Restricting food intake to the same 6-hour period was found to benefit mouse models of Huntington's disease.
Having studied mouse models of the disease, researchers found that a strict eating schedule — which involved restricting the rodents' food access to a 6-hour window each day — led to significant reductions in the levels of a mutant protein known to play a role in Huntington's disease.
The study was led by Dagmar Ehrnhoefer, who worked in the Centre for Molecular Medicine and Therapeutics at the University of British Columbia (UBC) in Canada at the time.
Ehrnhoefer and her colleagues have recently published the results of their study in the journal Acta Neuropathologica Communications.
Huntington's disease is a progressive neurological condition estimated to affect more than 30,000 people in the United States. Onset of Huntington's disease most commonly occurs between the ages of 30 and 50.
Symptoms include involuntary movements, mobility problems, and cognitive impairment.
There is currently no cure for Huntington's disease and there are no treatments that can slow its progression. Current medications can only help people to manage symptoms of the condition. A drug called tetrabenazine can help to ease chorea, for example.
Testing the effects of fasting
Huntington's disease is caused by a mutation in the huntingtin (HTT) gene, which is inherited from a parent with the mutation.
A mutation in the HTT gene leads to the production of a mutant form of the HTT protein, which is referred to as mHTT. Research has suggested that mHTT works with other proteins to fuel the progression of Huntington's disease.
Most studies searching for new treatments for Huntington's disease have focused on targeting the HTT gene, but Ehrnhoefer and colleagues suggest that reducing mHTT protein levels could be an alternative strategy.
In the new study, they show how prolonged fasting each day could help to reduce mHTT levels in the brain.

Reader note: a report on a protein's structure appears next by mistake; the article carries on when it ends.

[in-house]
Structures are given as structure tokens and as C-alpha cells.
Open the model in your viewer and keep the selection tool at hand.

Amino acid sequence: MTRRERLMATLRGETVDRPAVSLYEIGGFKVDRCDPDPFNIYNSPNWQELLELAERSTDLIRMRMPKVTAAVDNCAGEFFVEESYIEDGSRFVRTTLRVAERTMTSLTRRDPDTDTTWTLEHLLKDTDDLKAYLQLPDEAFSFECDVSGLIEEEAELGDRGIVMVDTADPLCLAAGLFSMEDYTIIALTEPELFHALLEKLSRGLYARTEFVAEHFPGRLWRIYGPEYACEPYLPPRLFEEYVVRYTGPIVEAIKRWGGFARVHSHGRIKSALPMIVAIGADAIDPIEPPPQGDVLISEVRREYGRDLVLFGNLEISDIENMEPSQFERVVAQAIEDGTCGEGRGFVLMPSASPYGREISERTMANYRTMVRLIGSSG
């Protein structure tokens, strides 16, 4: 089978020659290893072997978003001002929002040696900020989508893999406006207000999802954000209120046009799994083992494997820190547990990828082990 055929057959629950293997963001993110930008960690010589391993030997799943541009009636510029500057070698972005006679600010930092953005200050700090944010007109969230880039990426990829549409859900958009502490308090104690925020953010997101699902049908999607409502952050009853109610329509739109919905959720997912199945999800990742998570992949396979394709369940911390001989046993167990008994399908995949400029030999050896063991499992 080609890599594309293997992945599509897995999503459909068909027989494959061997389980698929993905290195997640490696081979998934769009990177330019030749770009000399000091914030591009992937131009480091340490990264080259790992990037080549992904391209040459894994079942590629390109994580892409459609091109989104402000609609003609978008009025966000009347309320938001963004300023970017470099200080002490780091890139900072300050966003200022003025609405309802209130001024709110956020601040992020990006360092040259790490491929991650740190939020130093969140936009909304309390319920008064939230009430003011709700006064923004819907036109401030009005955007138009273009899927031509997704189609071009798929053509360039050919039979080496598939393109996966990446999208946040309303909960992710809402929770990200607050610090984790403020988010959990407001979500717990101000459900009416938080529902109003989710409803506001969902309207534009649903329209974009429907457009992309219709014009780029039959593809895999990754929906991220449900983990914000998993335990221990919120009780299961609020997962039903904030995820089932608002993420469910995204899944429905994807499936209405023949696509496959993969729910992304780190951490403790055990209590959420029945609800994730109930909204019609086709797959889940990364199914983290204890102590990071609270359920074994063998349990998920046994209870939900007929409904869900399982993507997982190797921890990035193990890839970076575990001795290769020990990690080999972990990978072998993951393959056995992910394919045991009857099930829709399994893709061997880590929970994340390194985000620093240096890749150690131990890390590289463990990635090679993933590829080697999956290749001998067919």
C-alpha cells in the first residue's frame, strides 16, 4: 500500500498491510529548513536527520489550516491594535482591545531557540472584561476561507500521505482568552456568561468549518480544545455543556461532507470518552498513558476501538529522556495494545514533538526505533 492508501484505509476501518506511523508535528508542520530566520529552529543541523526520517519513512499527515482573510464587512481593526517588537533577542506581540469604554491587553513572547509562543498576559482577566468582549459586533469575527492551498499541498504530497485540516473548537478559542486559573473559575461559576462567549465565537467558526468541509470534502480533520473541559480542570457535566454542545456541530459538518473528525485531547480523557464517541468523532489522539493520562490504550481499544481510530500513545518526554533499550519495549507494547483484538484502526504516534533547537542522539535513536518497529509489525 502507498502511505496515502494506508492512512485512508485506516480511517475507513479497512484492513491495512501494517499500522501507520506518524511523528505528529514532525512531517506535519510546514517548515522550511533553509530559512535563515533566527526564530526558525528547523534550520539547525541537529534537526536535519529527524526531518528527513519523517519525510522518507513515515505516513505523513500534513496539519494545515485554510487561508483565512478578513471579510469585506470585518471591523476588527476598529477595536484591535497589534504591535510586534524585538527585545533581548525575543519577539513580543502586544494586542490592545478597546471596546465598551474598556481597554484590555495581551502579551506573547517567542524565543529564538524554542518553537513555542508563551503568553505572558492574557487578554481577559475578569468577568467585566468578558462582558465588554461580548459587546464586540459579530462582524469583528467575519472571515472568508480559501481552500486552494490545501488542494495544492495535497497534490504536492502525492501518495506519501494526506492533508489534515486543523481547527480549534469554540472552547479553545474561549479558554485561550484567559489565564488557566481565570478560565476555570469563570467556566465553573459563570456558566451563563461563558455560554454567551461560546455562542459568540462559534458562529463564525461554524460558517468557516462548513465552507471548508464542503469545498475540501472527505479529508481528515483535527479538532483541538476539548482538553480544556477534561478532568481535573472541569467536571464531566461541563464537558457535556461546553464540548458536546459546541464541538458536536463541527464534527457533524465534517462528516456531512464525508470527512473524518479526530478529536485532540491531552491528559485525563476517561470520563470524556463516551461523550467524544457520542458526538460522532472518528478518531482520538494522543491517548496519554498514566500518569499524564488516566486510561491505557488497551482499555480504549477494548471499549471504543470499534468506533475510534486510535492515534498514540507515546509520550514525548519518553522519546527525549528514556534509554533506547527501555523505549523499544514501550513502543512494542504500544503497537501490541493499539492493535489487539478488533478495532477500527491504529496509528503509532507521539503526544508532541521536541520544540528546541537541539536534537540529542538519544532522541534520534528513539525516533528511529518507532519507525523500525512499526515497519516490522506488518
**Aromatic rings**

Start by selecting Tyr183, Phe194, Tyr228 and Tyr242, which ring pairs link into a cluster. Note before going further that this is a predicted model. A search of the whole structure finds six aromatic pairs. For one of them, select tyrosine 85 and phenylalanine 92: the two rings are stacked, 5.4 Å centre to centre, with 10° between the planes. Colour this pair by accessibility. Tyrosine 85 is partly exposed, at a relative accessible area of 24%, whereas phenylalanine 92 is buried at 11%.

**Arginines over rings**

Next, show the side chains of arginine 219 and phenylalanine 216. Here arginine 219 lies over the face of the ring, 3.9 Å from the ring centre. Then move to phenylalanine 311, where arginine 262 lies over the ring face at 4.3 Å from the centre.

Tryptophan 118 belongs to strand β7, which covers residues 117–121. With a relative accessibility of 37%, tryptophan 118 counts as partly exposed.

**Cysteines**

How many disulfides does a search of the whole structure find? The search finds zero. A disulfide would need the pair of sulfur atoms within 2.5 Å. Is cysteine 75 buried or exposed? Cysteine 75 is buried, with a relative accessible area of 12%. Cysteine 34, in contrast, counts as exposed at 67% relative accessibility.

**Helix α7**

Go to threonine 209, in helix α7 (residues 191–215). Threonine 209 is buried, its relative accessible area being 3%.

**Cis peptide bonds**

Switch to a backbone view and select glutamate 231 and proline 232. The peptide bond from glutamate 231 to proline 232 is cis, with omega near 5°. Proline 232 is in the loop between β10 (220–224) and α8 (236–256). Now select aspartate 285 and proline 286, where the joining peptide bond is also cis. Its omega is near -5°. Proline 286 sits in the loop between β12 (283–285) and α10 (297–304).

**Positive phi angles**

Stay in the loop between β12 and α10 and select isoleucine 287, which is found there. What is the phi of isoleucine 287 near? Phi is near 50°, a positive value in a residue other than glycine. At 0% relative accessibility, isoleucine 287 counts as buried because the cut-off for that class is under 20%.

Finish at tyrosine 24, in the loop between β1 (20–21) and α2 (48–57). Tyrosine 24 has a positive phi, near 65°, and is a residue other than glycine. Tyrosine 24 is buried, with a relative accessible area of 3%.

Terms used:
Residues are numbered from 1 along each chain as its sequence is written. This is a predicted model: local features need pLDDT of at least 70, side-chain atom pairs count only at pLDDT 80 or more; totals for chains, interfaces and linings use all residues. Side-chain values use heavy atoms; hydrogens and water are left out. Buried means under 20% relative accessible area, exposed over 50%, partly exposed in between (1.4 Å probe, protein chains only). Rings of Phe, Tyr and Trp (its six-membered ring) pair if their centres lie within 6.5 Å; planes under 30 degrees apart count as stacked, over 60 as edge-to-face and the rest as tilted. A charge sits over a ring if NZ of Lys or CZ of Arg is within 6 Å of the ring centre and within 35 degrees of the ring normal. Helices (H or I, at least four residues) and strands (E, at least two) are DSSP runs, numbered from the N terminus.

Previous research has shown that fasting may benefit people with other progressive neurological conditions, such as multiple sclerosis, so the team sought to determine whether such a strategy might benefit people with Huntington's disease.
The researchers came to their findings by studying mouse models of Huntington's disease. They restricted the rodents' access to food, so the mice were only able to eat during the same 6-hour period every day, and they fasted for the remaining 18 hours.
Fasting reduces mHTT levels
The study revealed that food restriction triggered a process called autophagy — cells' self-cleaning process, in which any damaged or unnecessary components are removed — in the mice.
As a direct result of the fasting-induced autophagy, levels of mHTT in the rodents' brains were reduced.
Furthermore, the scientists found that the mice that possessed a modified version of the HTT gene did not develop symptoms of Huntington's disease and had higher autophagy rates. This was due to the fact that this particular version of the gene stopped the mHTT protein being "cleavable," or from being cut in a certain region.
According to the researchers, this finding indicates that the "cleavage site" of mHTT may also play a key role in autophagy.
Overall, the team speculates that targeting the cleavage site of the mHTT protein or engaging in fasting could be two promising treatment strategies for people with Huntington's disease.
"We know that specific aspects of autophagy don't work properly in patients with Huntington's disease," says Ehrnhoefer.
"Our findings suggest that, at least in mice, when you fast, or eat at certain very regulated times without snacking in between meals, your body starts to increase an alternative, still functional, autophagy mechanism, which could help lower levels of the mutant huntingtin protein in the brain."
"HD [Huntington's disease] is a devastating disease with no cure available at this time," adds study co-author Dale Martin, who also worked in the Centre for Molecular Medicine and Therapeutics at UBC when the research was carried out.
"More studies are needed, but perhaps something as simple as a modified dietary schedule could provide some benefit for patients and could be complementary to some treatments currently in clinical trials."